By now, most professionals are on LinkedIn in some capacity. Whether your profile is bare bones or tells your life story, there are always ways you could work to improve your presence on the network.
For this week’s NextGen Leadership post, we put together a list of four things you can do today to improve your LinkedIn profile and to ensure that you are getting the most out of what the platform has to offer.
#1: Join Groups. There are nearly 2 million groups to join on LinkedIn that can help you grow your professional and personal interest networks. These groups provide you with a common point of interest when reaching out to people on the platform while also keeping you up to date with information on the topic of interest. By joining the best groups in your field of interest, you are able to access and engage in discussions with people across the field. But how do you choose the best groups for you with so many options? Check out these posts on the best millennial and IT groups you can join on LinkedIn.
#2: Make New Connections. Networking is hard, but LinkedIn is not the platform to be shy on. Even if you are an introverted person, take advantage of what the site has to offer and reach out to people you know, or want to know in order to grow your professional network. Scrolling through the “people you may know” page is a good start to finding new connections. Whether it’s fellow alumni, former colleagues, or simply someone working in a field that you are interested in, it can’t hurt to add anyone that could help make your professional network more robust. You never know what opportunities a professional connection can open up and the worst that can happen is someone says no or does not respond to your connection request.
#3: Send the Right Messages. Now that you have connections across companies and your alumni network, you can start reaching out for more information about certain positions, organizations or people. Your message should include how you are connected to the person, and your request. The request should be something like information about their field, a coffee date, or an informational interview. Don’t ask for a job in this message—use messaging on LinkedIn to build stronger ties in your network and learn more about something you are interested in.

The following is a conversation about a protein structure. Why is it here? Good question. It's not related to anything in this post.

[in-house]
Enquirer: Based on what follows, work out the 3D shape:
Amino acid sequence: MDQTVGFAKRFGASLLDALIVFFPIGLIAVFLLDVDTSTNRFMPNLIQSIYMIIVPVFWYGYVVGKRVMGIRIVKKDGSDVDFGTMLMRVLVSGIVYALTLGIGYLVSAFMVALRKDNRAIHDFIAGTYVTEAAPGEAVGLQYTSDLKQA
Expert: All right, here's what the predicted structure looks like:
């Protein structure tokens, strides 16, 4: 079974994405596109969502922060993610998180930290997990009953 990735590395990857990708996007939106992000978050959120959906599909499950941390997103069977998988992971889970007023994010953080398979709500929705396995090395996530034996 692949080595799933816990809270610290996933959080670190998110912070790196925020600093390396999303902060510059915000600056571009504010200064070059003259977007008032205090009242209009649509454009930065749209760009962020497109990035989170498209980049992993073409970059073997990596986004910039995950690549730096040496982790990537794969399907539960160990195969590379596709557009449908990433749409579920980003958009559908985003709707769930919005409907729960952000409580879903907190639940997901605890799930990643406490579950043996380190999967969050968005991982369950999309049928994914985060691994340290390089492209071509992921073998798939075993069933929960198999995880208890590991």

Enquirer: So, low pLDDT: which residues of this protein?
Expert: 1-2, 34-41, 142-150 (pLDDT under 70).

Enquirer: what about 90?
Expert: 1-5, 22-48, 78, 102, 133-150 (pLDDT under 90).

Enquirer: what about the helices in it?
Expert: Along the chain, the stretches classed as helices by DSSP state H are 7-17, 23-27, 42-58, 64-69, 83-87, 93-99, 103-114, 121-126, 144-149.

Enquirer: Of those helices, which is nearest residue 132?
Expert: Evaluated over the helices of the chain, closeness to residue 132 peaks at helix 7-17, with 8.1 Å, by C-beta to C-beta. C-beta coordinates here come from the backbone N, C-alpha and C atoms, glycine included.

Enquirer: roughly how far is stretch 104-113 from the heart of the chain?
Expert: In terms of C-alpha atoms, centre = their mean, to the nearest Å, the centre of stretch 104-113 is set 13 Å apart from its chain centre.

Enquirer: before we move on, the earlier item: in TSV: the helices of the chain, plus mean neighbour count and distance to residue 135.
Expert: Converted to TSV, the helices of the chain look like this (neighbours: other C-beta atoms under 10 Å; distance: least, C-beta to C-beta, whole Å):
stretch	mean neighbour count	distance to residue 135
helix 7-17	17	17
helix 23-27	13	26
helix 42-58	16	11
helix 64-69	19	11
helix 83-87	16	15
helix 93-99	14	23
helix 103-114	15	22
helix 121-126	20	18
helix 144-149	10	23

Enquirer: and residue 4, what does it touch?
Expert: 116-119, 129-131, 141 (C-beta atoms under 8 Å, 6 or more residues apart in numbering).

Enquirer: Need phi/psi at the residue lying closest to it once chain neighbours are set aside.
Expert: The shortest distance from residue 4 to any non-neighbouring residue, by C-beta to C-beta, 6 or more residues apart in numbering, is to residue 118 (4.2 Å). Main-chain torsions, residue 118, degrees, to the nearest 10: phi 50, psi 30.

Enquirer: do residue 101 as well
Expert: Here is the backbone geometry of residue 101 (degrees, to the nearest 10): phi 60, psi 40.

Using LinkedIn to contact people in your network is a key tool in your professional development arsenal. However, be sure to make your messages relatively short and concise. While people are usually open to a brief discussion, nobody has time to read a several paragraphs long message. Establish a connection and your request quickly.
#4: Find Your Next Job. While many think you can only find private sector jobs on LinkedIn, more and more government agencies are searching for talent on the platform. LinkedIn’s job search function is unique because it combines the convenience of a job listing site with the personalized aspect of a professional network. When you first start your search, use broad terms related to your job area. Terms like public affairs, policy, international relations, and government can help narrow down open positions based on what field you are looking for a job in.
After a basic search, you can use the advanced search to narrow down results by location, job title, and experience level. One thing to keep in mind when you are narrowing down experience level is to not be limited by the number of years of experience a company needs in a potential candidate. Of course, if you are entry level, you probably will not be considered for a position requiring 10+ years. However, it doesn’t hurt to apply to a position you may be 1-3 years underqualified for if you can make up for it with the experience that you do have. Additionally, entry-level job seekers should be aware that any substantive internships they have held count towards your work experience.